Referring now to FIG. 5C, there is shown the side view of a UV-LED reactor 50 having a housing 71, a UV-LED 72, a UV-transparent window 73, and an element to restrain the fluid flow functioning as a static mixer 74. The curved black arrows indicate mixing of the fluid after passing through the static mixer. The static mixer is applied for the enhancement of mixing and the generation of potential vortices for the improvement of the UV-LED reactor hydrodynamics. Mixing may result in a more uniform distribution of the fluence delivered to the fluid moving in the reactor channels, thereby increasing the reactor performance.

Referring now to FIG. 5D, there is shown the side view of a UV-LED reactor 80 having a housing 81, UV-LEDs 82, UV-transparent windows 83, and photocatalyst immobilized on support structures 84. The photocatalyst is activated by UV radiation from the UV-LEDs to initiate photocatalytic reactions in the UV-LED reactor.

Referring now to FIG. 5E, there is shown the side view of a UV-LED reactor 90 having a housing 85, UV-LEDs 86, UV-transparent windows 87, and photocatalyst immobilized on perforated support structures 88. The photocatalyst is activated by UV radiation from the UV-LEDs to initiate photocatalytic reactions. This configuration, in which the photocatalyst is disposed in the reactor channel cross-section, along with collimated UV radiation focused to irradiate the photocatalyst, may provide high radiation flux to the photocatalyst.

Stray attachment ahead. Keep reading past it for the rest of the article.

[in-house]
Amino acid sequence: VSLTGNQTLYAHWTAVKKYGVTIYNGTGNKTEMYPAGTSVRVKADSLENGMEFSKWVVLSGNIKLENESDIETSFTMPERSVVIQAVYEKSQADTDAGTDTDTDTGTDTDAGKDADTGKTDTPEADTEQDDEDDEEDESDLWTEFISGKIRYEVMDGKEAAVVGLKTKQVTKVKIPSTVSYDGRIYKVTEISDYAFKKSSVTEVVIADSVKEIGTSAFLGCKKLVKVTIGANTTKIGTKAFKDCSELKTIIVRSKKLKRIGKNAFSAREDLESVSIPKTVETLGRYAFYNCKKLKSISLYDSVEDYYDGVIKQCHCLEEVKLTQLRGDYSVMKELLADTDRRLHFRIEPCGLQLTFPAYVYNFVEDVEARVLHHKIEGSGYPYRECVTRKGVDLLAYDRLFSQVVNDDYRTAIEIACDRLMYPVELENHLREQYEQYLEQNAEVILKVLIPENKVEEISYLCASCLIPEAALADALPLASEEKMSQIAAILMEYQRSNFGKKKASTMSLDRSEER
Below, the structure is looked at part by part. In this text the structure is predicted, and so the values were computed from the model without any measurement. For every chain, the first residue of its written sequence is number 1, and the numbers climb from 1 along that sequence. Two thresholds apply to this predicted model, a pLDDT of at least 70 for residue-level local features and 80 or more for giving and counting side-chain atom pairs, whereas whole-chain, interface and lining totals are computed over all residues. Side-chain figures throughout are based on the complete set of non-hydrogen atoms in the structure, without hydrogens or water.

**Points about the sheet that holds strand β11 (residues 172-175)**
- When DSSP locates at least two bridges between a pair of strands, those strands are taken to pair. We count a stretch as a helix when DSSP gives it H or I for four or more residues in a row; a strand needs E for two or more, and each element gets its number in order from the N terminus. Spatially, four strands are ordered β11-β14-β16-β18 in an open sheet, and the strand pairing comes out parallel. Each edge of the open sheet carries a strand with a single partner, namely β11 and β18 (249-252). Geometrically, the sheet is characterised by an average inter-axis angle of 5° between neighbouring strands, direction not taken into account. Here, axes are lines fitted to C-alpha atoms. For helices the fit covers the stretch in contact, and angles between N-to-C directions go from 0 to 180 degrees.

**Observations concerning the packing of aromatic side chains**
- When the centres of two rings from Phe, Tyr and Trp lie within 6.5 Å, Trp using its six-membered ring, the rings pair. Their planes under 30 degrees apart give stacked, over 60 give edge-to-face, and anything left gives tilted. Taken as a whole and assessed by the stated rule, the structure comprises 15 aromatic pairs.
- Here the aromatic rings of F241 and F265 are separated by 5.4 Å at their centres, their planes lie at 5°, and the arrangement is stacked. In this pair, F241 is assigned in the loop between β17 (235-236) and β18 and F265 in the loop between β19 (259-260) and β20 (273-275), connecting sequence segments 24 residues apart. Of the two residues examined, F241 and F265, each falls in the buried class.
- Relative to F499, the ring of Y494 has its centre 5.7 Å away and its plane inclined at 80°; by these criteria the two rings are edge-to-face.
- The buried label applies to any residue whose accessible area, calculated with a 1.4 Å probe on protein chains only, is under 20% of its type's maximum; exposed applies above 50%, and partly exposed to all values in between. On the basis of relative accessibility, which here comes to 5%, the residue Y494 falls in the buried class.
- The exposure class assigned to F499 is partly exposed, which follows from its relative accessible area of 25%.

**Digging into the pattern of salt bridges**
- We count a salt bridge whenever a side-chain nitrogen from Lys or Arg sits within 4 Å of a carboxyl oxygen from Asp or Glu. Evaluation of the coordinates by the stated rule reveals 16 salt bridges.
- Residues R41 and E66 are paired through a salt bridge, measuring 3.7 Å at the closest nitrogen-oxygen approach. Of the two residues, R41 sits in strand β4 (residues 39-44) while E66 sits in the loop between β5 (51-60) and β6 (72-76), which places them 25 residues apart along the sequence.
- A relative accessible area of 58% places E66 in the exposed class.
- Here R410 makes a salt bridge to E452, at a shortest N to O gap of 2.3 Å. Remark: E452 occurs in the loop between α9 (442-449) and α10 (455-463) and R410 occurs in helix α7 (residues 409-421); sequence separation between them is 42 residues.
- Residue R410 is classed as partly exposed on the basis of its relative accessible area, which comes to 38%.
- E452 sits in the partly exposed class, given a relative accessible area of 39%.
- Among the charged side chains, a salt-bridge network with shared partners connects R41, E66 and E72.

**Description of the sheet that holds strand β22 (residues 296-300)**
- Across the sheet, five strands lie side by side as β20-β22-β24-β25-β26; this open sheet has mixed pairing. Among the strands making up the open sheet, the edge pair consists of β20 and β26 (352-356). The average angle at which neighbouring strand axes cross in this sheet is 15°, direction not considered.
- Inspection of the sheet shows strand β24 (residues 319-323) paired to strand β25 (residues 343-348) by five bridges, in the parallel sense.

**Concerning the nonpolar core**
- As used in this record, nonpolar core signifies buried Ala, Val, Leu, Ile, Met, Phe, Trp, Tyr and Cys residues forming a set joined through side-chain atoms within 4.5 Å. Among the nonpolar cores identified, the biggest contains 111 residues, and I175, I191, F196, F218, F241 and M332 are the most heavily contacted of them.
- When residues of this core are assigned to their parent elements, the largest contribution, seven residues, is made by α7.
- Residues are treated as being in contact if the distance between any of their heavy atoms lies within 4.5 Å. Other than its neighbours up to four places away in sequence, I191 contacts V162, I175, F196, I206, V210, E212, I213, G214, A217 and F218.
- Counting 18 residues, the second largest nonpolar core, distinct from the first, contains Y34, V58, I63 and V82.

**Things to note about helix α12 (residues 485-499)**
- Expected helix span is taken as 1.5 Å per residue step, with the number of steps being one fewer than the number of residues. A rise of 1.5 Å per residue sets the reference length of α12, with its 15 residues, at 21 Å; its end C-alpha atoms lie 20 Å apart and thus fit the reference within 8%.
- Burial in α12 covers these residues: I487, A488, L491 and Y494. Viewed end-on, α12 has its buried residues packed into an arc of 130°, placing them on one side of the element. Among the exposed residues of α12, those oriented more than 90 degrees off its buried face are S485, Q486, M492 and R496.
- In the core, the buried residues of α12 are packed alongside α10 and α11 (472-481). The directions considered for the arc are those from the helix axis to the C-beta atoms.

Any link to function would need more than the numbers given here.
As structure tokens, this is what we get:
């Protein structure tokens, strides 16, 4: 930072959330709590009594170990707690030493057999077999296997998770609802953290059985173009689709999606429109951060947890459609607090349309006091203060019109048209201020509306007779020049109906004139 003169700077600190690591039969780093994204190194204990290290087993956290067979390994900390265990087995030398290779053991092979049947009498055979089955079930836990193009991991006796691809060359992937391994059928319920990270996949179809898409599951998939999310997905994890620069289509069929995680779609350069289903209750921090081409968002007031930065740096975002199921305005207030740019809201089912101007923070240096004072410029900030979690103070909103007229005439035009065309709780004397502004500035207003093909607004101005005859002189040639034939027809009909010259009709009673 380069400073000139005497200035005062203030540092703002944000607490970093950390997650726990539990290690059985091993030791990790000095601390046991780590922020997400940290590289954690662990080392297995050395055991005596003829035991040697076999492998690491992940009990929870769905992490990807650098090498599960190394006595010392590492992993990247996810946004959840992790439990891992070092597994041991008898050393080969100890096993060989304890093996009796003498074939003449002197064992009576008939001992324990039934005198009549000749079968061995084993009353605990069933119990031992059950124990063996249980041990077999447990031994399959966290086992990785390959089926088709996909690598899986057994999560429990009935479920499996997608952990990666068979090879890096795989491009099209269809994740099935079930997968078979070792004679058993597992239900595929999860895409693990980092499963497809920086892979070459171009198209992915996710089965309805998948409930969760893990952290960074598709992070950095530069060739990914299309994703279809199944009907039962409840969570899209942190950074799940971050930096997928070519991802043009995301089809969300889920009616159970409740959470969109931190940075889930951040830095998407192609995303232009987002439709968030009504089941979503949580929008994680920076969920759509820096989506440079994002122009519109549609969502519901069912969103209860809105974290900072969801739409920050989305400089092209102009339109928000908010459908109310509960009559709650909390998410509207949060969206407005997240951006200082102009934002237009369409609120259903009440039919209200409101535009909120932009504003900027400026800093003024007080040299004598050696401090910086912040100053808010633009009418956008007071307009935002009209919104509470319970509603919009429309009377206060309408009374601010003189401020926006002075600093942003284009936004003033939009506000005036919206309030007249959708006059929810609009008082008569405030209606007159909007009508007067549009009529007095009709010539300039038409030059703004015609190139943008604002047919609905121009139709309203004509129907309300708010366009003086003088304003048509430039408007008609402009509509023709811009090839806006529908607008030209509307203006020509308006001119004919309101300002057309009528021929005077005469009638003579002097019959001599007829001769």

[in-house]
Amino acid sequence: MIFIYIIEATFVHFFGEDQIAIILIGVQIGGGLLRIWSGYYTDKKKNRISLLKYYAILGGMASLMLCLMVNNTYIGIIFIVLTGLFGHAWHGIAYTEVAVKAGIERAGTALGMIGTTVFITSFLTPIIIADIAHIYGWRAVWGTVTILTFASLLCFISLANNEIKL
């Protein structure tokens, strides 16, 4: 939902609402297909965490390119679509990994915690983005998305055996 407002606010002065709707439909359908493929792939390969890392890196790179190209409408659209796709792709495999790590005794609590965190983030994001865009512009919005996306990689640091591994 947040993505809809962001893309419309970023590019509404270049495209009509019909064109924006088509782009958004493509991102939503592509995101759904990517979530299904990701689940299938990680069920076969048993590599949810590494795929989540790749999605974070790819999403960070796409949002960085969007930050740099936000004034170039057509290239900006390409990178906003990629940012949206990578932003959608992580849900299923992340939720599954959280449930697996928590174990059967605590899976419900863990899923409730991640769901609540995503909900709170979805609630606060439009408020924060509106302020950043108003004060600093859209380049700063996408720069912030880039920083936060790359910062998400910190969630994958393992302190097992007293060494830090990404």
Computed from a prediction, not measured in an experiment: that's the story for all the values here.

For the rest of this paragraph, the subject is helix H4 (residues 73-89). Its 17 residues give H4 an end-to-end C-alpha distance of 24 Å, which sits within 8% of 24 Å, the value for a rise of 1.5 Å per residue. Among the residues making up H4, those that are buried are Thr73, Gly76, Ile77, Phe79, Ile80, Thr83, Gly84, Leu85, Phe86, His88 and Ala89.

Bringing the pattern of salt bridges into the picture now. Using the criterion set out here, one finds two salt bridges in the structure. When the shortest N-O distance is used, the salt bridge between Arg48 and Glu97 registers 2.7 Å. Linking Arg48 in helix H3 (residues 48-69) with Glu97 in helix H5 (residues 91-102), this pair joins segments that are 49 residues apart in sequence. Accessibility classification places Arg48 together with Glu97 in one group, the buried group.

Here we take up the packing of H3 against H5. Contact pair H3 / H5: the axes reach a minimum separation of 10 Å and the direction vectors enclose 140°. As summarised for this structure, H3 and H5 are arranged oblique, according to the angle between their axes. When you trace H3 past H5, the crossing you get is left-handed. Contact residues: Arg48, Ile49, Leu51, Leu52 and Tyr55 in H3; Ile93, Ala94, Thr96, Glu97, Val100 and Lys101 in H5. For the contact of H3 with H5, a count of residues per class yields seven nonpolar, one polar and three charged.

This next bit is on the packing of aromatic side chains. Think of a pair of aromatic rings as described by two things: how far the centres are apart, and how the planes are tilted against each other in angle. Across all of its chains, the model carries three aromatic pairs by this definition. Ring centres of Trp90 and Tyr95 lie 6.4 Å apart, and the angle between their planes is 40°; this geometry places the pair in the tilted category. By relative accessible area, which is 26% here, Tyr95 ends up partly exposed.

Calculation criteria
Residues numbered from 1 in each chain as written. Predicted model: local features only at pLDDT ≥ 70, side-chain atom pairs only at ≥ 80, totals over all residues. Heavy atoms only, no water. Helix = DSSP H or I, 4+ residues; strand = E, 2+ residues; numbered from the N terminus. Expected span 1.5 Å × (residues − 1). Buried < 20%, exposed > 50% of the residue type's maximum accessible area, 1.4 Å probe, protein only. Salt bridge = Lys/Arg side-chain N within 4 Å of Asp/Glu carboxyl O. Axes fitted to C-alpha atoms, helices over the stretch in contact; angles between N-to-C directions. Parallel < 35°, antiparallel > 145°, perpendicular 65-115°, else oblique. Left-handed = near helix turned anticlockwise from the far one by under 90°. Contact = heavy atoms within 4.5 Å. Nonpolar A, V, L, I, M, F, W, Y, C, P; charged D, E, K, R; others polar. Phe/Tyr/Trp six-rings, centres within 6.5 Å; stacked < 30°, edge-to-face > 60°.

Referring now to FIGS. 6A and 6B, there are shown the side views (with the dotted lines showing the direction of the third dimension) of two UV-LED reactors 80 and 90, comprising a stack of UV-LED flow channels according to an exemplary embodiment of the present invention. In FIG. 6A there is shown the side view of a UV-LED reactor 80 with rectangular flow channels, having a housing 91, flow channels 92, and UV-LEDs 93 (other components including UV-transparent windows, etc. are not shown for making the figure simple). In FIG. 6B there is shown the side view of a UV-LED reactor 90 with triangular flow channels, having a housing 95, flow channels 96, and UV-LEDs 97 (other components including UV-transparent windows, etc. are not shown to keep the drawing simple). The fluid is irradiated by the LEDs, as it moves through the channels. This configuration makes possible the manufacturing of UV-LED reactors with the potential of delivering high UV fluence (dose) and/or high throughput. The flow channel cross section may be rectangular FIG. 6A, triangular FIG. 6B, or other shapes. The main fluid flow directions are shown by the arrows.